Thumbs up: For the start of football season. Many local high school teams play their first games of the season today, as well Northern Illinois University kicks off its season at 2:30 p.m. today against the Iowa Hawkeyes at Kinnick Stadium in Iowa City. Meanwhile, the Bears will play their season opener at noon Sept. 8 at Soldier Field against the Cincinnati Bengals. We have high hopes that the Huskies and Heisman hopeful quarterback Jordan Lynch can deliver another exciting season, and would love to see one of our local teams playing at Huskie Stadium the weekend after Thanksgiving when DeKalb hosts the IHSA state football championships for the first time.
Thumbs up: For this year’s Corn Fest. Many people are pleased to have the festival back in downtown DeKalb after five years at DeKalb Taylor Municipal Airport. We’ll wait to see how the new location and the new weekend work in terms of parking, and attendance. Corn Fest, billed as the largest free music festival in Illinois, continues through Sunday. See you there.
Thumbs down: To former Illinois Congressman Joe Walsh, who this week on his Chicago-based radio show decided to make his own “I Have a Dream” speech. During his rant, Walsh said “I have a dream” and then went on to recite many problems that he – a white man – sees in the black community. Aside from bastardizing a famous piece of American oratory, Walsh’s comments also make it seem as though the problems in black communities – having children out of wedlock, drug use, gang violence, and reliance on government assistance, among others – are somehow unique to black people and black communities. That’s untrue and unfair.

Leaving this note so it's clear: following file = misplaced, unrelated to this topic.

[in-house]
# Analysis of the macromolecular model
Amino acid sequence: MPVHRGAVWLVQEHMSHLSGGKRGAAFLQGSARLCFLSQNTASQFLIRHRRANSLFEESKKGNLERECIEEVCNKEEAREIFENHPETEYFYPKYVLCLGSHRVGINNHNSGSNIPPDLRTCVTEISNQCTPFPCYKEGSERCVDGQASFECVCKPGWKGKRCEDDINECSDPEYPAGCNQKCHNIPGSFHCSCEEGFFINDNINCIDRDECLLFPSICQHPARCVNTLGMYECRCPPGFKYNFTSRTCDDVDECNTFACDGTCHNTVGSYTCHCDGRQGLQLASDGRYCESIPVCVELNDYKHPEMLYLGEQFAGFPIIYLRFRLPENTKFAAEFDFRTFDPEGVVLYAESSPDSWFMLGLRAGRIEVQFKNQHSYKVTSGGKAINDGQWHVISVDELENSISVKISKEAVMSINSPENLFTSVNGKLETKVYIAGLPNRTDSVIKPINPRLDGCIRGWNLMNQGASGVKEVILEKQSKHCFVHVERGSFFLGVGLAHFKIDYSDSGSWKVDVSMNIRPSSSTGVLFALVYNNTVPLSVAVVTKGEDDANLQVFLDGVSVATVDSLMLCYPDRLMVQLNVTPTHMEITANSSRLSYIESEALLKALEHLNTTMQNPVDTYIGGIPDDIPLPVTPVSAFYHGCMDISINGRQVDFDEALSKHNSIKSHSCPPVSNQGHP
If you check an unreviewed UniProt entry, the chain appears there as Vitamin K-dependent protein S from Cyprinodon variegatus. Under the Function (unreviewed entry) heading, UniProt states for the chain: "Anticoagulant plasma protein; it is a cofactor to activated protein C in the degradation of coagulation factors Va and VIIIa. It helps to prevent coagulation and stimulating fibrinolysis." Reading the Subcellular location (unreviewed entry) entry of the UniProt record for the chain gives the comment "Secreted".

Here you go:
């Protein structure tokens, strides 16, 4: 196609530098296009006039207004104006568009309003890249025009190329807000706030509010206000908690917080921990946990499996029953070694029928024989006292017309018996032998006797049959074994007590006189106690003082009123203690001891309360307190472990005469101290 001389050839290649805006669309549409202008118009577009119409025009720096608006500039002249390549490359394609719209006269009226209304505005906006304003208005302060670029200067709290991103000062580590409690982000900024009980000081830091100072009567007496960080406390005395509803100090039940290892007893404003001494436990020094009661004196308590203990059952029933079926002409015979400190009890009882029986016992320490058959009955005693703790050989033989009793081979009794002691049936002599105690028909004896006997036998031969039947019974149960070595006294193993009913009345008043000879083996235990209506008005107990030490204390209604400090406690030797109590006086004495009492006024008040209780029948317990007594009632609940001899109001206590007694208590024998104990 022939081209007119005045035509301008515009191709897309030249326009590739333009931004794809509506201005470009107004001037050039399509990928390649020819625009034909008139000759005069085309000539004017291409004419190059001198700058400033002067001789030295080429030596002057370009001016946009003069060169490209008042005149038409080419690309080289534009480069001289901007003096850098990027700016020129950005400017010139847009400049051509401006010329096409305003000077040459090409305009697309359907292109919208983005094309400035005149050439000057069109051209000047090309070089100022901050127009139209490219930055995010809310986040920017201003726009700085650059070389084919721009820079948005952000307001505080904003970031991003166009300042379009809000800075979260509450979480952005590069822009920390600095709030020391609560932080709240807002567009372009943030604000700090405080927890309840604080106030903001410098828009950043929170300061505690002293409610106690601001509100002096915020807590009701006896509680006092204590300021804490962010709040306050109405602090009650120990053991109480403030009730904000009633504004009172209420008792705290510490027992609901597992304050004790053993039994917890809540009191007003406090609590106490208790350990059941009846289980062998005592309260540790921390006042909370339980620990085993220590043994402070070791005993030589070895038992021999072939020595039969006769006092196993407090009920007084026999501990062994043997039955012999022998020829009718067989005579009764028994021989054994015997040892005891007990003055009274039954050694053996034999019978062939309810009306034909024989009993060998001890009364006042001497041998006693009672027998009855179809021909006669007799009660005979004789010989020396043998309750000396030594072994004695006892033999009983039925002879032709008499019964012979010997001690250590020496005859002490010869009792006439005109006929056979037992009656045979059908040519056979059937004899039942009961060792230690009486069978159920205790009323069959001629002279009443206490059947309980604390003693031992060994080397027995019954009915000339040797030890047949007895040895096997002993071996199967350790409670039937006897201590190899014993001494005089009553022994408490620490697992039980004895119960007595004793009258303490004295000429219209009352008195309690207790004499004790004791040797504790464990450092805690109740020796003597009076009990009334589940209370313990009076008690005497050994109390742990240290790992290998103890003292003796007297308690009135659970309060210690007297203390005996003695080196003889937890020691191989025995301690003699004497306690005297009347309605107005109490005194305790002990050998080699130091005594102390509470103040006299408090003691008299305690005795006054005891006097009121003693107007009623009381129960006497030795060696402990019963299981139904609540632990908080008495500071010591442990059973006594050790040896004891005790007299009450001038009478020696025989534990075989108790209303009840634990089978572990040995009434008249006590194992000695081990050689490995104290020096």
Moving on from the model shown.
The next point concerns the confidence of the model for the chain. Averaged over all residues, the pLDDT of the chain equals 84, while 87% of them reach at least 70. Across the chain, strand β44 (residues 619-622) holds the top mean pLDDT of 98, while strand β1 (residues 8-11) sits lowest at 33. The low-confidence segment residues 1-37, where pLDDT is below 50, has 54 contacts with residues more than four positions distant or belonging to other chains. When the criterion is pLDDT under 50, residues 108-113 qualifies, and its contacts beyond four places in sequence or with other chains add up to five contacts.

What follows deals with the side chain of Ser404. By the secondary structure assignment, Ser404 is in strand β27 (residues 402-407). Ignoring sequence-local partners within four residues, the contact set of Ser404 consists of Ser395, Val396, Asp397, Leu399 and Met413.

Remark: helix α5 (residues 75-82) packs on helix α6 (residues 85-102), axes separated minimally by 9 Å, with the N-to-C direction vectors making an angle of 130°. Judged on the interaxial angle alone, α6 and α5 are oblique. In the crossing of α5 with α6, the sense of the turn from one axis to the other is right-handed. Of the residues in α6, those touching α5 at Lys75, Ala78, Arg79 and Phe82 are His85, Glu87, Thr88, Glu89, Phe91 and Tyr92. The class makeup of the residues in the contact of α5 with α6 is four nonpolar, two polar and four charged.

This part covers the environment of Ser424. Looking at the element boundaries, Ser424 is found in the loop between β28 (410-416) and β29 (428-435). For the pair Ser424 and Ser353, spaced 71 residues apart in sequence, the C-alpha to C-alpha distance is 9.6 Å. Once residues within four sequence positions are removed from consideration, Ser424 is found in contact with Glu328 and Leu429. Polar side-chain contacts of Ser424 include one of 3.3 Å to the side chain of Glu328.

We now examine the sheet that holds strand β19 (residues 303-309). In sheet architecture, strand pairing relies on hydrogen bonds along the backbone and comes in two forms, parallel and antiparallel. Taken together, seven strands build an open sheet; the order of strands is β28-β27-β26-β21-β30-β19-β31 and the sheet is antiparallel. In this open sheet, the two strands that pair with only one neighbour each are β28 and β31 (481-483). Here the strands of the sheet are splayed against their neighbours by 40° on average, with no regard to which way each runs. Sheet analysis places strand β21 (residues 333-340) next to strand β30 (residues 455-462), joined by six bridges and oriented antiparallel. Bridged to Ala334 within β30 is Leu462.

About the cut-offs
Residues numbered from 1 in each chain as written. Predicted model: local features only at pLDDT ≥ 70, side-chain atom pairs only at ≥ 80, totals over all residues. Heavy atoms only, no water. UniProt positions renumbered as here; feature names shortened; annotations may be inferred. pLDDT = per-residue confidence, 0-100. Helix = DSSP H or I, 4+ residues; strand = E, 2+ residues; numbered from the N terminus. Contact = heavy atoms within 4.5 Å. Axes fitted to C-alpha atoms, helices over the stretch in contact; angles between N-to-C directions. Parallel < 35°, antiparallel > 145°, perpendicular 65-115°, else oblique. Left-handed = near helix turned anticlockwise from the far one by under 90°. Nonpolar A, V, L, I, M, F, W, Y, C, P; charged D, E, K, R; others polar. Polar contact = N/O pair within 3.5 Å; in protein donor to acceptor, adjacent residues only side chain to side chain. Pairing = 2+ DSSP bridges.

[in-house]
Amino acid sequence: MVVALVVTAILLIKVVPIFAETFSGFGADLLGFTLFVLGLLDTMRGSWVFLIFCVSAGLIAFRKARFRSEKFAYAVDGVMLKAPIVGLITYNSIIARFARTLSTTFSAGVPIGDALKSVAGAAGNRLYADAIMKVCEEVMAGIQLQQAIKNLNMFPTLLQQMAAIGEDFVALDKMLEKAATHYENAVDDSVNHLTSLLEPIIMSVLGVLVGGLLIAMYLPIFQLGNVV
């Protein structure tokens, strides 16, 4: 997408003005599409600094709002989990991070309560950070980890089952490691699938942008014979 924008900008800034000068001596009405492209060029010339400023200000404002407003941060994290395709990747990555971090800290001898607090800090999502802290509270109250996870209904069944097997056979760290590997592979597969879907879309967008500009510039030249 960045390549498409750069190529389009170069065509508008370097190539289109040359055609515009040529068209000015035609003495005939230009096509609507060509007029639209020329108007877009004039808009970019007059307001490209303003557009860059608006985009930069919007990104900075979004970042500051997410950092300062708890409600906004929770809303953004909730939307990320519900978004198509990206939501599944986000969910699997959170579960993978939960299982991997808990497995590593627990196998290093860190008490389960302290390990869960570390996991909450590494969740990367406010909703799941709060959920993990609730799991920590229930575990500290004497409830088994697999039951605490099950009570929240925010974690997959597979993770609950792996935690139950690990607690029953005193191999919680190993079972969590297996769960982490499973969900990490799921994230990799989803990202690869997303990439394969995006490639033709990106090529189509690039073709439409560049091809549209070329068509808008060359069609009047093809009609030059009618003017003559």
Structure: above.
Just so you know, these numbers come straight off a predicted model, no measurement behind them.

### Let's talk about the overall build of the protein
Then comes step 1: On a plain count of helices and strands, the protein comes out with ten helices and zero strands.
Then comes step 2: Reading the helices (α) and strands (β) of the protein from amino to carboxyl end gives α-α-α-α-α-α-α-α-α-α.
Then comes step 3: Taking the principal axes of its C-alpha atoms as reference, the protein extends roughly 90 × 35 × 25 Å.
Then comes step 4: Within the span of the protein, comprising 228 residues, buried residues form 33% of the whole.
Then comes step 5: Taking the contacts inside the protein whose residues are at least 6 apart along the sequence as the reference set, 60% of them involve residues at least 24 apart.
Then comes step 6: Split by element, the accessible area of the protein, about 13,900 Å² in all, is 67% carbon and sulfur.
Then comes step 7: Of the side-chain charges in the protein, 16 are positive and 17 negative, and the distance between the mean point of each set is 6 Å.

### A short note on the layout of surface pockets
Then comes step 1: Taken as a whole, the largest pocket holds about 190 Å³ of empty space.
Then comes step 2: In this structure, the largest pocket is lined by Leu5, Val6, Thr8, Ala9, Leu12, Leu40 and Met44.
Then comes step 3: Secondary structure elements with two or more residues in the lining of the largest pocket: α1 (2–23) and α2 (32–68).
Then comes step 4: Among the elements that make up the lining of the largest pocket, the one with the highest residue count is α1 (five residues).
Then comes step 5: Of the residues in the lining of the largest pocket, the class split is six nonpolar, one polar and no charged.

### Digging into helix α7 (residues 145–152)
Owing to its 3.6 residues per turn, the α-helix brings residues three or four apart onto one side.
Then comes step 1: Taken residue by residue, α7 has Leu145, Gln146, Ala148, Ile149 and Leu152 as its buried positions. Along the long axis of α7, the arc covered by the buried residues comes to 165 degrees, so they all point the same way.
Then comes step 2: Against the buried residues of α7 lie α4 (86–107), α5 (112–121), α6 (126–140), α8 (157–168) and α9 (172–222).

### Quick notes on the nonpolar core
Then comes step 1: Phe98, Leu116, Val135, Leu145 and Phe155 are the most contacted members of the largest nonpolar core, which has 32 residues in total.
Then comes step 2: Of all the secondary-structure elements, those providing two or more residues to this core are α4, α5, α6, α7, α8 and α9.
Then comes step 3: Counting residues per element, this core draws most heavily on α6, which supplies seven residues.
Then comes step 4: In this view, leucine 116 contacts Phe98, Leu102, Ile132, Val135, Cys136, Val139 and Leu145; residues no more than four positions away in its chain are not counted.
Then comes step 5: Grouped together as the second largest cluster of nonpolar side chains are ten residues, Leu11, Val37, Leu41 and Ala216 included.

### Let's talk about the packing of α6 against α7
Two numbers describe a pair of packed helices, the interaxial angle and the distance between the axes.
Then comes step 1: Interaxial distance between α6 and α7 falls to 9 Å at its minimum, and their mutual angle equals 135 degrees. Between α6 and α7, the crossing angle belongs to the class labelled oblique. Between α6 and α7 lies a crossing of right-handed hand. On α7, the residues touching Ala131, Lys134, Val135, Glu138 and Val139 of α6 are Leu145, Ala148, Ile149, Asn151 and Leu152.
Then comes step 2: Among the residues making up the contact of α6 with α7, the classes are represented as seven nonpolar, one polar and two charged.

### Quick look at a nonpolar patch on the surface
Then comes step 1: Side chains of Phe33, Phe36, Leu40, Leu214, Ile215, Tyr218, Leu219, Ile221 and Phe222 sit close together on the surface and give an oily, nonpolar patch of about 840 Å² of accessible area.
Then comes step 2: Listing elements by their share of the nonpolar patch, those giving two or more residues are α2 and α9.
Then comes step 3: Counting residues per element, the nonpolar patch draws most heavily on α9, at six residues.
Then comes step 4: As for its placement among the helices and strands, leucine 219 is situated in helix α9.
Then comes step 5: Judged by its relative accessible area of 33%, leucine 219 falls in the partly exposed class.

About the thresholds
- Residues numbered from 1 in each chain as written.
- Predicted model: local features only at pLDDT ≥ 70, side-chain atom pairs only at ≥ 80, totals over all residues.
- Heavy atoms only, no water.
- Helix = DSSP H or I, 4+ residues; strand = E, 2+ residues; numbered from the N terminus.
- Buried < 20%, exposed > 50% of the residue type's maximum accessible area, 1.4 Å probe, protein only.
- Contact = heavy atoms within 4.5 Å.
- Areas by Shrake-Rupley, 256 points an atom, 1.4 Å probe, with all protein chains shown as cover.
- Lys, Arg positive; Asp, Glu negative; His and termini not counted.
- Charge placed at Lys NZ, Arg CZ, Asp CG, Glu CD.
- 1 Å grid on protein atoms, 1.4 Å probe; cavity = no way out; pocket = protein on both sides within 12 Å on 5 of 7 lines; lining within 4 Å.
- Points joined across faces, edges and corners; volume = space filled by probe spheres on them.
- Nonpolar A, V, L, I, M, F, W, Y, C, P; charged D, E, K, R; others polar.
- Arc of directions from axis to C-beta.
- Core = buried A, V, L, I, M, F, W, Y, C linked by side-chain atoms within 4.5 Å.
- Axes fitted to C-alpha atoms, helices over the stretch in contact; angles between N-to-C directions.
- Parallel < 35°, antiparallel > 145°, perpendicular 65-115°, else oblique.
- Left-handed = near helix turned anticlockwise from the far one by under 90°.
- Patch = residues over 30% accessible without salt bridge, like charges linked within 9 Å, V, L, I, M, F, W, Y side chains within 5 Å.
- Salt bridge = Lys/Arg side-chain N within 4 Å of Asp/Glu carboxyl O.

Thumbs up: To proactive educators. Somonauk High School’s ag education program recently received a $10,000 grant to buy 36 laptops for students. It was the third grant the school’s ag program received this year, thanks to the work of teacher Toni Saso. Somonauk Superintendent Dawn Green said Saso has brought in $14,000 in grants this year, including one she used to attend a training program that makes Somonauk’s ag program one of only four schools in the state to receive national certification. In the future, that could open even more doors for students.
Thumbs up: To the volunteers at First United Methodist Church in DeKalb, who provided a summer-long meal program for children and their parents every weekday. Casseroles were sent home with families each Friday for the weekend. Organizers say they served about 7,000 meals. Local businesses pitched in by donating food and church volunteers entertained the young guests in two activity rooms. The church plans to continue and expand the program next summer and plans are under way to provide additional services this fall.